Tuesday, October 01, 2019

Raiding Hiro's Sega Audio Archives

In recent years, Sega consolidated its scattered Tokyo offices to a centralised building in Ousaki. One office that closed at the start of 2019 was the Otorii office. This office had been the key development hub since September 1985, shortly after Hang-On development concluded. As such, intriguing development materials were unearthed in the process.

Sega Otorii Office Building

Hiro posted a vast collection of audio planning documents and media from 1985 through to the early 1990s. When Hiro joined Sega in 1984, music was composed on hand-written sheets.

Space Harrier Sheet Music. Note that game was called 'Heli' at this stage, as the fantasy theme had not yet been adopted.

Synthesizers used to compose the melodies included the Yamaha DX-7 for Space Harrier and the Yamaha PSR-70 for AfterBurner. The sheet music was manually transcribed into Macro Music Language for the audio engine to process. This took the format of the note, followed by its length (e.g. C-4, L4, A#4, L8). Once assembled, the actual audio could be tested on hardware. Needless to say this would have been a time consuming process.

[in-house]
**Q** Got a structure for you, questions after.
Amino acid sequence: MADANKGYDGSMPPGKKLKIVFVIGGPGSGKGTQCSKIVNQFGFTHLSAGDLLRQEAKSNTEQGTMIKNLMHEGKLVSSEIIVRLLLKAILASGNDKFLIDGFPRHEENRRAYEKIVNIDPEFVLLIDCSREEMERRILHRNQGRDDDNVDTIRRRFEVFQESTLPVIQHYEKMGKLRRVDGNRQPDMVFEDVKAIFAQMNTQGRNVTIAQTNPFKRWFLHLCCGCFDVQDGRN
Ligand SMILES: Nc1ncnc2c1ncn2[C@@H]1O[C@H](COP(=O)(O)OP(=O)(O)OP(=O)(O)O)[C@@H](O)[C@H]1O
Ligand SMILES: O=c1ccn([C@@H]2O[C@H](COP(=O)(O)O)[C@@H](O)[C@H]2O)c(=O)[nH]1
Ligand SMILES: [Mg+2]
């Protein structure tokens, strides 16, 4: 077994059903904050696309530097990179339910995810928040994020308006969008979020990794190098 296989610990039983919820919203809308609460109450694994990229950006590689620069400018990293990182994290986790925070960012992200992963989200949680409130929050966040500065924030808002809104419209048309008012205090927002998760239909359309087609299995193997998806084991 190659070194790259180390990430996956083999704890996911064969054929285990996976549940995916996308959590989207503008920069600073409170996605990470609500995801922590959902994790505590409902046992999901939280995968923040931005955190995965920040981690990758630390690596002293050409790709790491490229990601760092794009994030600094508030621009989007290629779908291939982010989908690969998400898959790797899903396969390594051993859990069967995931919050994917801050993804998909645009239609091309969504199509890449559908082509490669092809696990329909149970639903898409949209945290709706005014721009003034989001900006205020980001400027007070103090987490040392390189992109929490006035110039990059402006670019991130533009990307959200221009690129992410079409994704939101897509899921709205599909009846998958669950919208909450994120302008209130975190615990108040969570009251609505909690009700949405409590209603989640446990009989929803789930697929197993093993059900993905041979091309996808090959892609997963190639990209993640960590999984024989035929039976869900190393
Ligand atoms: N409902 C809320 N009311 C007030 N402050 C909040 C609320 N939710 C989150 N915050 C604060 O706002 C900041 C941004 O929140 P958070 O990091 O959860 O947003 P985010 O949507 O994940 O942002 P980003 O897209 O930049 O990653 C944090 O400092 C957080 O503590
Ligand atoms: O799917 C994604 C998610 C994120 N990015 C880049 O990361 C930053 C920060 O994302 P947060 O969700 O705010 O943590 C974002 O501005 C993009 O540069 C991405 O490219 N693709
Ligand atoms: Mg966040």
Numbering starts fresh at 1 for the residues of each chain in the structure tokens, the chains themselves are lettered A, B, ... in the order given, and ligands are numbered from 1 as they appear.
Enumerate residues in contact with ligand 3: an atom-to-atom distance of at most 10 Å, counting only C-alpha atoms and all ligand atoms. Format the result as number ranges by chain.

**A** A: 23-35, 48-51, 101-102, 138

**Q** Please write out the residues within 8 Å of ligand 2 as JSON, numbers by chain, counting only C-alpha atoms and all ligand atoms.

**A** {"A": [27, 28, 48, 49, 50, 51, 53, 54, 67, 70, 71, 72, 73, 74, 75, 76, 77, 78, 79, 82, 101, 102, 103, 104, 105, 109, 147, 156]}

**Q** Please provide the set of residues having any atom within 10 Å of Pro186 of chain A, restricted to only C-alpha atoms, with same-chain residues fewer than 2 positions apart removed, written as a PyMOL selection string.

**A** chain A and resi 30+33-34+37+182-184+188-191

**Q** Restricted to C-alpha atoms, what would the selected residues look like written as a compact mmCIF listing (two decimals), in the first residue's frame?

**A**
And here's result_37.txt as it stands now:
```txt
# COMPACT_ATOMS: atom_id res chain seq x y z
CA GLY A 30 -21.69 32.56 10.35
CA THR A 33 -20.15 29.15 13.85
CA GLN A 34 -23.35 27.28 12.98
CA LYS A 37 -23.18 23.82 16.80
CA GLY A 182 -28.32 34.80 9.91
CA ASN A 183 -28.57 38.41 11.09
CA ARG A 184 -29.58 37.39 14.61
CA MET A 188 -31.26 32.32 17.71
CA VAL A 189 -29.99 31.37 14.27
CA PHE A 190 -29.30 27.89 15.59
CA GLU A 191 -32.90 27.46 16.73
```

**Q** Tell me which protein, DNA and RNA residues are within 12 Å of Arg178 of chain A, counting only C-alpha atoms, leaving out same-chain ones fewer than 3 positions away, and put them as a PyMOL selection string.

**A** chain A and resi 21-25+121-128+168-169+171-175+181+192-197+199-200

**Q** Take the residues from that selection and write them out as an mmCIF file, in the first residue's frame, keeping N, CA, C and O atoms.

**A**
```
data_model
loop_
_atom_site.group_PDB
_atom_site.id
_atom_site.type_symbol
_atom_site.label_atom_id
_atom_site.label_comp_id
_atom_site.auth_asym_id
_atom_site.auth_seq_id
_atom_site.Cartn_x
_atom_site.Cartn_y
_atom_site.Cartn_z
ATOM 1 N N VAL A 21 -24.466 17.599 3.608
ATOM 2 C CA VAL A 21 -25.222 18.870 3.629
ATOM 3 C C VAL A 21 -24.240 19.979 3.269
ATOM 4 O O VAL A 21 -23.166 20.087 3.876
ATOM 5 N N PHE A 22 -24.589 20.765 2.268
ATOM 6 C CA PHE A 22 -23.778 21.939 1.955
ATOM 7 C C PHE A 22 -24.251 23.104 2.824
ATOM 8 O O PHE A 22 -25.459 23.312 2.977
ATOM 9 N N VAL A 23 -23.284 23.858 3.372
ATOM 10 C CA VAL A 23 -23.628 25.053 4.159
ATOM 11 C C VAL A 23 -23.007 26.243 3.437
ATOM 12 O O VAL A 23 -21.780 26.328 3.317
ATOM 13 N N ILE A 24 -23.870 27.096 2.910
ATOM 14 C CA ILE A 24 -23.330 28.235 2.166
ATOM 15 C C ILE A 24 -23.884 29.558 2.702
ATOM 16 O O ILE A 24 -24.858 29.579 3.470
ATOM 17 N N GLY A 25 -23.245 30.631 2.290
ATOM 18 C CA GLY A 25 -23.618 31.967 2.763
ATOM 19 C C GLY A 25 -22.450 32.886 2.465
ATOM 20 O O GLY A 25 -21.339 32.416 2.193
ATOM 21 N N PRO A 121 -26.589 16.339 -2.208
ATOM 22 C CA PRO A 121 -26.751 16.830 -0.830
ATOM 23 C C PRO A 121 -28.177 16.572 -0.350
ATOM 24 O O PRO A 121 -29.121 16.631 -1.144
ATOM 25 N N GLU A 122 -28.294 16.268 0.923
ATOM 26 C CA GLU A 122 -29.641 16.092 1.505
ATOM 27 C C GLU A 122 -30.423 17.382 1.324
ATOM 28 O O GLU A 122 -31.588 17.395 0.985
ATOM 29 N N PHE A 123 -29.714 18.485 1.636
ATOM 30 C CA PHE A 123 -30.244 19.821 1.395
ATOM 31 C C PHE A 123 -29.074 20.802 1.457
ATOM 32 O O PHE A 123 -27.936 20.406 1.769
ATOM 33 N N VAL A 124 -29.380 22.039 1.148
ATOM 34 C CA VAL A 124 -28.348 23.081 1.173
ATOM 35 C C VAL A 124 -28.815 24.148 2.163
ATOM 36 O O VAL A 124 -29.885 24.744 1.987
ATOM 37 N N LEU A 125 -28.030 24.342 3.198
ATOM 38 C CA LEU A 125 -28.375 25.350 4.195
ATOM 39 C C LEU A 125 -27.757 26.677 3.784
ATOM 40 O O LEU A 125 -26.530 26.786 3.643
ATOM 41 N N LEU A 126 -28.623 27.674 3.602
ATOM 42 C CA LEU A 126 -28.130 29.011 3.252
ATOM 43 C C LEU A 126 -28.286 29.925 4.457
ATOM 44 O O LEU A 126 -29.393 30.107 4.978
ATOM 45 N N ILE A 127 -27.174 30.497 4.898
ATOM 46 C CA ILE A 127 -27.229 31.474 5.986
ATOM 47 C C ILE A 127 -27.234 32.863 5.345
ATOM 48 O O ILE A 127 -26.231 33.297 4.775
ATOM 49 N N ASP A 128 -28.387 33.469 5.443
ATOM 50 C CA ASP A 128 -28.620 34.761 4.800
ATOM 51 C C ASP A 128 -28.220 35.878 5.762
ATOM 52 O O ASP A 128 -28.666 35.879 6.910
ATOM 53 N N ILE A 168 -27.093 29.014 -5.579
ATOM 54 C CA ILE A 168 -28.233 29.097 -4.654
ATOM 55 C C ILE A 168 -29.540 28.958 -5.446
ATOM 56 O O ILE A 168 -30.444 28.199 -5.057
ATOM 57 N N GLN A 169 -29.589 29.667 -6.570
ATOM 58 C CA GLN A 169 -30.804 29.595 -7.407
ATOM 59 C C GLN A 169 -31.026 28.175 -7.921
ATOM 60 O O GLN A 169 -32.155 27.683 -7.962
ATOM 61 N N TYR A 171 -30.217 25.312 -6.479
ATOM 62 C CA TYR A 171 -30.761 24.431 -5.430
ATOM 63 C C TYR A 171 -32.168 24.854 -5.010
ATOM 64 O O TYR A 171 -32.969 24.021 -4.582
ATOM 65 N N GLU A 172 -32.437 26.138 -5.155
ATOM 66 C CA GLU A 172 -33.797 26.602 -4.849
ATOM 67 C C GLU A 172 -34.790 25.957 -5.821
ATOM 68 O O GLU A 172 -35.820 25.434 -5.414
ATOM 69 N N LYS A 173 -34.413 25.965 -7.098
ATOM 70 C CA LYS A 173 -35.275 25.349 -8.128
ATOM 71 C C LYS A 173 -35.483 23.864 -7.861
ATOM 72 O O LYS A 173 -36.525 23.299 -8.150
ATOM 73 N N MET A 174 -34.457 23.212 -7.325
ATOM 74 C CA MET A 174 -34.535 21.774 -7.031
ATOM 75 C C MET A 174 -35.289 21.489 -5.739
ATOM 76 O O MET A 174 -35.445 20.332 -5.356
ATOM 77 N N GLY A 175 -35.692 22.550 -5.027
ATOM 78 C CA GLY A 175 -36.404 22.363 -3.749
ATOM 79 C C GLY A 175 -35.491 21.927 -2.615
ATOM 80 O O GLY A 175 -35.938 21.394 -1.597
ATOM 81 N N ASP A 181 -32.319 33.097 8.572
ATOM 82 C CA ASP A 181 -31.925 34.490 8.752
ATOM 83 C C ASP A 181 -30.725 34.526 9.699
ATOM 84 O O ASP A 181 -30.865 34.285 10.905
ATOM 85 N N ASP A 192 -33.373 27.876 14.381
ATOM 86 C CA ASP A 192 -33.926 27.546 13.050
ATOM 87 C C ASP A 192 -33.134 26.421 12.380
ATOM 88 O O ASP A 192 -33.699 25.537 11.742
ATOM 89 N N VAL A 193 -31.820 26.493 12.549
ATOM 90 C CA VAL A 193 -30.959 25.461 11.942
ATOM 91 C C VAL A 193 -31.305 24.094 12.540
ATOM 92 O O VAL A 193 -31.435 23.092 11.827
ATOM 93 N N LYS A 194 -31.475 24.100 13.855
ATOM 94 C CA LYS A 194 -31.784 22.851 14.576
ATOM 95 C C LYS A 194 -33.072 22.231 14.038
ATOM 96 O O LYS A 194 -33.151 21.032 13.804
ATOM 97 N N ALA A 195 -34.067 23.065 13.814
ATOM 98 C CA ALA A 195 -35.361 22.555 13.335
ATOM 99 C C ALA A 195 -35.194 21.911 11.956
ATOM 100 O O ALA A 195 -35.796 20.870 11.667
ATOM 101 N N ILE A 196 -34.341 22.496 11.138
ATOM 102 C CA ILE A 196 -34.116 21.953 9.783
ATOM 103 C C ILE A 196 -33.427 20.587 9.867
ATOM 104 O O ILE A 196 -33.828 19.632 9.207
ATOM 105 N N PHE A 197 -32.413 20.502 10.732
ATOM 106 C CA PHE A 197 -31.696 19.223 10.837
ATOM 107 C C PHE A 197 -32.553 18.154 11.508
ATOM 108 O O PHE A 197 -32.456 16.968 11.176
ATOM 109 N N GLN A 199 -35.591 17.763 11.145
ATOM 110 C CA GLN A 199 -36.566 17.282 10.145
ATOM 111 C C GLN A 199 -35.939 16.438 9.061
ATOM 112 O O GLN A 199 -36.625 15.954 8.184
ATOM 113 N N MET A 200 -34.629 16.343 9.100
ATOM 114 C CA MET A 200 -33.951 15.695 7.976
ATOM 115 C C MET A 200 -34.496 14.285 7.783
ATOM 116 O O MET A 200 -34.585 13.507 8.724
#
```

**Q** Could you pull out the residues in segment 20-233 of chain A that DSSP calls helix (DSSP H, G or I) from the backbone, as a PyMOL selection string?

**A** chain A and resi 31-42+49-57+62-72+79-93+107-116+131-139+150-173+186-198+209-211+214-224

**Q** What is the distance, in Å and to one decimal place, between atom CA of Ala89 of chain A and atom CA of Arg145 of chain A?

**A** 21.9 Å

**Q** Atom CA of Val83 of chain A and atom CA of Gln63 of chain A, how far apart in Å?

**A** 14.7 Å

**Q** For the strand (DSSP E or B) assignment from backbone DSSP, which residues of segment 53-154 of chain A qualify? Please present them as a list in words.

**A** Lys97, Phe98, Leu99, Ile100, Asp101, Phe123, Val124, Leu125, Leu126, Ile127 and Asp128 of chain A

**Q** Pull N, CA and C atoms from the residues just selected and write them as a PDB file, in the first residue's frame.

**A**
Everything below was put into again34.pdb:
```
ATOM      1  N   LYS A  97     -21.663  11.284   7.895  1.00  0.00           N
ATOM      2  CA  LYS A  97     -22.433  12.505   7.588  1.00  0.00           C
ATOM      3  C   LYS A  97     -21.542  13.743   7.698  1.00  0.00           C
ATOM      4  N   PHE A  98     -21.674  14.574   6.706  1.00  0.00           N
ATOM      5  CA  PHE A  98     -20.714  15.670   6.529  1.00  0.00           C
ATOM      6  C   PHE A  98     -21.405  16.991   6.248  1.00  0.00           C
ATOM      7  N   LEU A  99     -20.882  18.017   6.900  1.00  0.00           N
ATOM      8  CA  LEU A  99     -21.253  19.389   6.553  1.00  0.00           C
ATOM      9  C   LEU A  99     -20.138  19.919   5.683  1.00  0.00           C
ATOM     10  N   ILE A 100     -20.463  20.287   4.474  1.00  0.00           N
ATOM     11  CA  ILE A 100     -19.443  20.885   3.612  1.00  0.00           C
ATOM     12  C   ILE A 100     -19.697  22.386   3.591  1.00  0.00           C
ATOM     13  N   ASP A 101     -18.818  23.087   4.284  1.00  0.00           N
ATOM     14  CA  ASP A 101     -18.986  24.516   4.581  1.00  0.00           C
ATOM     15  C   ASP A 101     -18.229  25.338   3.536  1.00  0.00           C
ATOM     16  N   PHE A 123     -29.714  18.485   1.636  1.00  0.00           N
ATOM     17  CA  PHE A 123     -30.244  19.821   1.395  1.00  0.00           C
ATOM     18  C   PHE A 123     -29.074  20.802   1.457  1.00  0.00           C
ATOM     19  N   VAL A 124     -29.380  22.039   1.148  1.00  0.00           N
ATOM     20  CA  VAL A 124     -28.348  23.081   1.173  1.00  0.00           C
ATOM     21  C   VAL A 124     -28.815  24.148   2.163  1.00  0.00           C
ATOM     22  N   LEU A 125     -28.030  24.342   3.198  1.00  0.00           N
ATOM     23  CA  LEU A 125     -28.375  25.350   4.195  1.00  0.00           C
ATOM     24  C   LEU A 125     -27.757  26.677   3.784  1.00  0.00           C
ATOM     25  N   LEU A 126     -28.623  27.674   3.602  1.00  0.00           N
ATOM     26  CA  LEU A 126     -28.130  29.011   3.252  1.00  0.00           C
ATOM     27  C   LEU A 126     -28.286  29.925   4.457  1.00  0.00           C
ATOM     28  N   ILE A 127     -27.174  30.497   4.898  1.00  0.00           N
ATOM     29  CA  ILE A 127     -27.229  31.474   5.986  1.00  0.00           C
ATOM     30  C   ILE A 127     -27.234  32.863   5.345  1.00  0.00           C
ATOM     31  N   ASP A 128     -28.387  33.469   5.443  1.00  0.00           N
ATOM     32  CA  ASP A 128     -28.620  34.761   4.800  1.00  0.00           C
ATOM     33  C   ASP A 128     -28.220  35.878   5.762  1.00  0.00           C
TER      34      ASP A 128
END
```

Hiro's ROM cartridges for the Yamaha DX-7 Synthesizer

For the arcade games of this era, sound comprised lo-fi 8-bit samples used for voices, drums and sound effects. The samples were paired with a YM sound source (typically a Yamaha YM2203 or YM2151 chip), mostly used for melodies. YM sounds could be created and edited with an audio editor, which ensured each game had its own style, despite sharing audio hardware. For example, AfterBurner's 'Final Take Off' uses the YM to drive the melodies, but the overlaid guitars are in fact samples.

Data was saved to 8 inch floppy disks.

The following labels read 'OutRun 2' in reference to the revision of the music, as opposed to being anything to do with OutRun's sequel. I wonder if the earlier revisions of the OutRun music still exist?

OutRun's 'Passing Breeze' was initially named 'Passing Wind', until someone pointed out the flatulence reference. So the disk below must date from the end of the development process!

AfterBurner was aptly referred to as 'Top Gun' during development, and the final audio program code appears to have been named TG.HEX. Some of the disks are dated 9th September 1987. 

It appears that data was transferred over the years between 8 inch floppy, through to 5.25 and 3.5 inch floppy for preservation. 

Here we can see the list of commands Power Drift's main 68k program code needed to send to the Z80 Sub program in order to trigger the relevant sound. 

The final Power Drift master. Later on Digital Audio Tapes (DAT) replaced reel-to-reel recordings. 

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